Control of Eutypa Dieback of Grape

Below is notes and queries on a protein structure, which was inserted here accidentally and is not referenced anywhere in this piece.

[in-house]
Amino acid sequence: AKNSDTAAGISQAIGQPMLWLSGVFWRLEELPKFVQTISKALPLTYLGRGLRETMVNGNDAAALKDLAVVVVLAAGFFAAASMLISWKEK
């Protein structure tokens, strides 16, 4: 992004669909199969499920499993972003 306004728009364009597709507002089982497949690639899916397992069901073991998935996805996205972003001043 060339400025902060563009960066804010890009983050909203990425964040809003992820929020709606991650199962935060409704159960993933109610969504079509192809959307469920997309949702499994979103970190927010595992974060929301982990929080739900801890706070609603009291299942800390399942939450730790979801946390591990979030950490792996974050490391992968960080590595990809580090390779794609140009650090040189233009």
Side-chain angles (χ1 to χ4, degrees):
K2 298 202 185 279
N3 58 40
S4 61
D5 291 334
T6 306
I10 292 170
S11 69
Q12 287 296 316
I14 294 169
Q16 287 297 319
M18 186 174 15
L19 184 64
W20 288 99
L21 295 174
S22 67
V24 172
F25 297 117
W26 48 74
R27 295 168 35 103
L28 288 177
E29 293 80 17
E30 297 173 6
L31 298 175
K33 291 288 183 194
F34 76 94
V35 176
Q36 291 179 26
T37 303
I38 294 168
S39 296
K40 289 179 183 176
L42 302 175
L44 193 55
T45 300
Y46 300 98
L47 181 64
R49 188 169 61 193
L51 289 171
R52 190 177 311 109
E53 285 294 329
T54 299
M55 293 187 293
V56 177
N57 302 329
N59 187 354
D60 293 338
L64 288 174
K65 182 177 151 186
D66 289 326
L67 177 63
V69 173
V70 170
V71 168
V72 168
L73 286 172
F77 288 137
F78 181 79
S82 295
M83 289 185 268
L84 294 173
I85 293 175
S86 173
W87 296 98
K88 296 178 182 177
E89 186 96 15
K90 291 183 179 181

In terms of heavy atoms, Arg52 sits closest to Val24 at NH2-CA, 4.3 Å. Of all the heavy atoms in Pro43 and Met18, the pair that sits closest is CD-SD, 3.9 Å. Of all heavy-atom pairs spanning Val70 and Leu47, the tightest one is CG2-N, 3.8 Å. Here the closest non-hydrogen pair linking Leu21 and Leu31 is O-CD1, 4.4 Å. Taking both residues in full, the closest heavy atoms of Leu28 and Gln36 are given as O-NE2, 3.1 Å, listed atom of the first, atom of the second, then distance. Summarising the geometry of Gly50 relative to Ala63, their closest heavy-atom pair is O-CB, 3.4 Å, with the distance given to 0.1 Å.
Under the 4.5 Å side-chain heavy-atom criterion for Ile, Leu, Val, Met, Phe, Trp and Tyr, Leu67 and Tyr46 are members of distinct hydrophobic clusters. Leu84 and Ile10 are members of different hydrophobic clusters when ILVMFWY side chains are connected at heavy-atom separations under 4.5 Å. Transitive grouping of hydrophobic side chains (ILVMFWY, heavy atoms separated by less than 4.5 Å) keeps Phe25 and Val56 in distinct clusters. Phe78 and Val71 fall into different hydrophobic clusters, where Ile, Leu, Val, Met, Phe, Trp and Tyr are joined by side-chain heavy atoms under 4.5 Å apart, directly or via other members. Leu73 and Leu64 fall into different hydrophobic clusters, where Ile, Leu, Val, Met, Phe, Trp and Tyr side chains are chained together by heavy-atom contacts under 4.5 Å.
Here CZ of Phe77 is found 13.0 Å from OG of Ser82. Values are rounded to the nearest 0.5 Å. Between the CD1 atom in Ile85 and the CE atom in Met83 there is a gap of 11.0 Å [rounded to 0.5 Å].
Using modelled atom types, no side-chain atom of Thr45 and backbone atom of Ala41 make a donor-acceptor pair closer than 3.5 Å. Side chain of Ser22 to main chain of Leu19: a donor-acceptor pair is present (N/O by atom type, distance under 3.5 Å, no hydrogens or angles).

Three objectives were investigated in 1997, the primary short term objective of this research is to find an effective control of Eutypa dieback, caused by the fungus Eutypa lata. Field trials were performed in different production areas in 1997 in Yolo and San Joaquin Co. Dormant grape cvs (Cabernet Sauvignon, Grenache, Petite Sirah, Semillon) were pruned to 2 or 3 buds at different timings in each trial. Pruning wounds were protected with fungicides (1%Benlate, 20%Boric acid, 20%Soap, Nectec Paste, Proguard C and Proguard Gel) and biocontrol agents (Fusarium lateritium, Cladosporium herbarum) and inoculated 1 day later with Eutypa lata mycelium growing on agar or floating in water. In addition, Benomyl, Fusarium lateritium and Cladosporium herbarum were inoculated 7 and 14 days after treatment. The same fungicides were also tested in vitro by dipping grape wood blocks into the material and measuring the percent of wood blocks colonization by Eutypa mycelium and percent reisolation from wood blocks. The fungicide work has shown that generally, lab and field studies have given similar results. Nectec paste and 1%Benlate in vitro prevented 100%Eutypa reisolation from wood blocks, also resulted in a high rate of protection of pruning wounds in each field trial. At the least, the lab screening can be used to quickly evaluate potential fungicides to be used in field trials. Thus, Nectec and Break EC have shown promising in vitro control efficacy against Eutypa dieback. The second objective was to study plant/pathogen interaction in order to understand the physiological and biochemical processes of grapevine infection and colonization. Thus, better control of the disease could occur in the field, and cvs susceptibility differences may be better understood. In vitro tests have shown that no cv. difference have been observed when Eutypa mycelium was placed on autoclaved dead wood from one tolerant (Merlot) and one susceptible cultivar (Cabernet Sauvignon). Also, tests conducted on 4 phenolic compounds which naturally occur in reaction to pruning induced an inhibiting effect on the growth of Eutypa lata. Trans-Cinnamic acid has completly inhibited the growth of the fungus at the 3 pH is tested, while trans-Stilbene has no effect. Para-hydroxy-Benzoic acid and m-Coumaric acid show their maximum inhibitory effect to be at pH=5.4 and their lowest effect at pH=5.7. The third objective concern the study of Eutypa population which will offer insights into whether we are dealing with one or more sites of ascospore production and whether we might be dealing with other inoculum types. Collection of Eutypa isolates from various sources and sites was begun in 1996. Isolates had been also obtained from grapes in the East coast (Michigan), Italy, France and also from Rosaceae plants (apricot, cherry…). The technique of DNA extraction from Eutypa lata isolates has been completed and DNA has been extracted from all the isolates in the collection. All the isolates have a DNA molecular weight of 23 kb.